Joanne Jamis Cain is a steward of the Holy Trinity Greek Orthodox Church in Ambridge, Pennsylvania. She has been married to the love of her life, Jim for thirty five years. They have two beautiful children and two grandchildren. Joanne is a wedding and event planner. Visit her blog at http://katherinesdaughter.com/. Her first book "Ordinary Is Extraordinary" was published in spring of 2016.
Our primary goal at the Orthodox Christian Network (OCN) is to share the truth of Orthodoxy with the world. Our secondary goal is to generate fruitful conversations that strengthen us in our own faith and increase our ability to share it in meaningful ways with our fellow human beings. This is why OCN has collected a group of various teachers, philosophers, priests, artists, parents, and writers to post articles on our blog, The Sounding. Enjoy the following post and feel free to comment below.
The Patron of Iconographers- Saint Luke
Saint Luke was from the city of Antioch and was likely from a pagan family. As a young boy, he sought wisdom and loved to study the arts and sciences. He was gifted as a physician and painter. There are two traditions that are told of Saint Luke. The first one is that he was one of the Seventy Disciples of our Lord Jesus Christ and was in Jerusalem at the time of the Passion. He was upset over the death of Jesus but that unhappiness turned to joy when Jesus joined them on their journey. In the breaking of the bread, Jesus showed that He was truly risen. (Luke 24:35)
After the Holy Spirit descended on the day of Pentecost, Luke stayed for a time in Jerusalem. There is a story that on his way back to Antioch, he obtained the relic of the right hand of Holy Forerunner and took it with him. It is likely he met Saint Paul in Antioch and began the course of his second missionary work.
The second tradition says that Luke did not know Jesus and that he met Saint Paul while working as a physician during the reign of Claudius. Paul’s dynamic preaching convinced him of the Truth that he had sought for so long in his search for wisdom. Without hesitating, he gave up his profession to follow Paul and he became the beloved physician of souls. (Col.4:14)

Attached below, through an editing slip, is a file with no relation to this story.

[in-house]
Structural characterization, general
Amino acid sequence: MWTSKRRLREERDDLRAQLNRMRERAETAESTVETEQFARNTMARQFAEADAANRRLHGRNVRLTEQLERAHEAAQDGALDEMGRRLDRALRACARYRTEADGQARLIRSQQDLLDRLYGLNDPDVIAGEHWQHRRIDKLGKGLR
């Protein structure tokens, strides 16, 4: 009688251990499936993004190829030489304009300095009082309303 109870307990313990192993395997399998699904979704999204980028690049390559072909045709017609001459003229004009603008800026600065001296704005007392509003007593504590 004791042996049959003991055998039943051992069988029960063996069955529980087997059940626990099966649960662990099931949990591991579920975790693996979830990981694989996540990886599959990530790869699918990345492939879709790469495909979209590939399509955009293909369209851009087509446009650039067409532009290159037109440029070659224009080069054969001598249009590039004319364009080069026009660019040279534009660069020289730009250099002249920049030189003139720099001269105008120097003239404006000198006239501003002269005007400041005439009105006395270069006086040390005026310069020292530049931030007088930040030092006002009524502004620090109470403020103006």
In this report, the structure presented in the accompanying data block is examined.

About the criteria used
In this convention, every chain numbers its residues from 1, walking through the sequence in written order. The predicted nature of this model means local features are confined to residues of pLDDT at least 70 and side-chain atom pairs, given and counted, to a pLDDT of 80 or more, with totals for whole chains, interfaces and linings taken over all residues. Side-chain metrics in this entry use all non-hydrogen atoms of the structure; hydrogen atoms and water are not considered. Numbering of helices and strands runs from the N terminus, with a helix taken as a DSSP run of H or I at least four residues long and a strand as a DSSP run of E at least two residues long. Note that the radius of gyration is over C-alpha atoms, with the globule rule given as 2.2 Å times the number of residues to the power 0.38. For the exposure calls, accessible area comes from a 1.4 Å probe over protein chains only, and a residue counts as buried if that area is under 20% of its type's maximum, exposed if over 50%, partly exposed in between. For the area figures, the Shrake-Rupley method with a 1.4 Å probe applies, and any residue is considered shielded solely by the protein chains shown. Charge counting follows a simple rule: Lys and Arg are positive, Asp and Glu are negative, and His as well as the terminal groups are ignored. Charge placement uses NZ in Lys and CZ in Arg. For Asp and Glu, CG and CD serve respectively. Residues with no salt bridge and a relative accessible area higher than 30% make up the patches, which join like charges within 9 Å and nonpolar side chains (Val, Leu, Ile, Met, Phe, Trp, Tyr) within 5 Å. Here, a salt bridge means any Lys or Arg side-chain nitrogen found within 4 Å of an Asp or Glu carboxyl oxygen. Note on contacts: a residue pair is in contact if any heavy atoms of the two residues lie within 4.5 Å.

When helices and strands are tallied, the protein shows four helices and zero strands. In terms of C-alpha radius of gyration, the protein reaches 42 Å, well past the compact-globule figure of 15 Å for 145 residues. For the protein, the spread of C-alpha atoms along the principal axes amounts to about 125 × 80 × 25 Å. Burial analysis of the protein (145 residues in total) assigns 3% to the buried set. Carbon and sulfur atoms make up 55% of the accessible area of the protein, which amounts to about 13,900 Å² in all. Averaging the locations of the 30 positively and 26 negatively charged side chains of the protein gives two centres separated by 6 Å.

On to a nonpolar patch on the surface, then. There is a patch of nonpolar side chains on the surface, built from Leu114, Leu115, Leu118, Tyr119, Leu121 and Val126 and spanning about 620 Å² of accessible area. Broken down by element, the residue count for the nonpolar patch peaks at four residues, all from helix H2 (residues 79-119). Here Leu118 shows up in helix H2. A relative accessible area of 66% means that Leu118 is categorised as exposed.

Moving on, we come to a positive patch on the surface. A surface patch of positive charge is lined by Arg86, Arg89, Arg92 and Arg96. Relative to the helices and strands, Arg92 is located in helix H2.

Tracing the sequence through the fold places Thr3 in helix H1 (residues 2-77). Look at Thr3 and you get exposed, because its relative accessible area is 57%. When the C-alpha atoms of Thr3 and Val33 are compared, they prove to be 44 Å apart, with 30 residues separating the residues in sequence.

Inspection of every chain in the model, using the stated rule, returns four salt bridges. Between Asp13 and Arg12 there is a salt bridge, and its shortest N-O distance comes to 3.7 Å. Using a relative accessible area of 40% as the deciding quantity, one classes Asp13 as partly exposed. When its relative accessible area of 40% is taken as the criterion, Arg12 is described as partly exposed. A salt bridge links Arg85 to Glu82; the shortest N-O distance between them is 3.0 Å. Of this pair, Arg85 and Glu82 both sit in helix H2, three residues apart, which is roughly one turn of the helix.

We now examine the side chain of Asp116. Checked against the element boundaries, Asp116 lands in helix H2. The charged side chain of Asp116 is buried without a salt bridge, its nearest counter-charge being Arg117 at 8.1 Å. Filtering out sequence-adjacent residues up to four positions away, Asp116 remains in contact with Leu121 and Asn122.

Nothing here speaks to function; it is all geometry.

It is the tradition of the Church that Saint Luke was the first iconographer. He painted an image of the Holy Mother of God in her lifetime. The Holy Virgin gave praise to him saying, “May the grace of Him who was born of me be upon this image.” Saint Luke painted other images of the Holy Virgin and the Apostles, giving birth to the tradition of venerating icons of Christ and His Saints. For this reason, Saint Luke is honored as the patron of iconographers.
In all of my days, I was never witness to the hands that could create beautiful icons. A couple of years ago our Philoptochos ladies took a trip to a local monastery about an hour’s drive away. There we met the nuns and spent the afternoon with them. They fixed us a delicious lunch and talked about Jesus. Afterwards, we were permitted to shop and purchase some of their handmade icons.
I asked one of the sisters what would be an appropriate icon for my daughter’s new home. There were so many choices and I wasn’t sure which one to pick. The sister suggested the Virgin and Jesus. I picked an icon with a white background. Ever since, my daughter has it in her hallway with a small candle next to it. It is beautiful. On other occasions, when the nuns visit our church, I’ve bought other icons for gifts or for myself. If I could, I would truly own many more.
I have a small prayer corner at the end of my hall. It includes icons, palms from Palm Sunday, and other meaningful small tokens of remembrance. I light the candle whenever I write or if I am praying for someone in distress. Having a prayer corner with icons is a wonderful and comforting way to find quiet time with God.
(Icon from the Nativity of the Theotokos Monastery, Saxonburgh, PA.)
The Orthodox Christian Network (OCN) is an official agency of the Assembly of Canonical Orthodox Bishops. OCN offers videos, podcasts, blogs and music, to enhance Orthodox Christian life. Our blog, The Sounding, supports the well-being of our readers by providing well-written, positive, and thought-provoking Orthodox content and fostering discussion of its application to life.
INSPIRED BY PISTEVO
Inspired by the documentary, PISTEVO & The Greek Orthodox Church of Our Saviour in Rye, New York, the Orthodox Christian Network is embarking on a major initiative to feature iconography and the Saints of the Orthodox Church over the next several months and years to come. Please watch PISTEVO – “I Believe”, and join us in raising awareness of iconography as a window to finding and fostering one’s faith.
We invite you to share your experiences as to how icons have fostered your faith. Please post to the Orthodox Christian Network’s Facebook page or email us at InspiredByPistevo@myocn.net.
Iconography, the centuries-old tradition of depicting faith through images, was the primary means of teaching Christianity until written records were formally canonized as the Holy Scriptures. Yet even today, centuries later, iconography remains a spiritually powerful part of Orthodox Christian theology. For many, the images enhance one’s ability to go deeper into the exploration and appreciation of their faith.
Click here to view an archive of all Saint and Iconography posts.
The independent documentary depicts a community coming together to complete the centuries-old mission of iconography led by Father Elias Villis at the Greek Orthodox Church of our Saviour in Rye, NY.
The epic film, PISTEVO, directed by Director, Mark Brodie, and written and produced by Taryn Grimes Herbert, expresses “why we honor the traditions of our theology and share our spiritual experience with the Orthodox world.”
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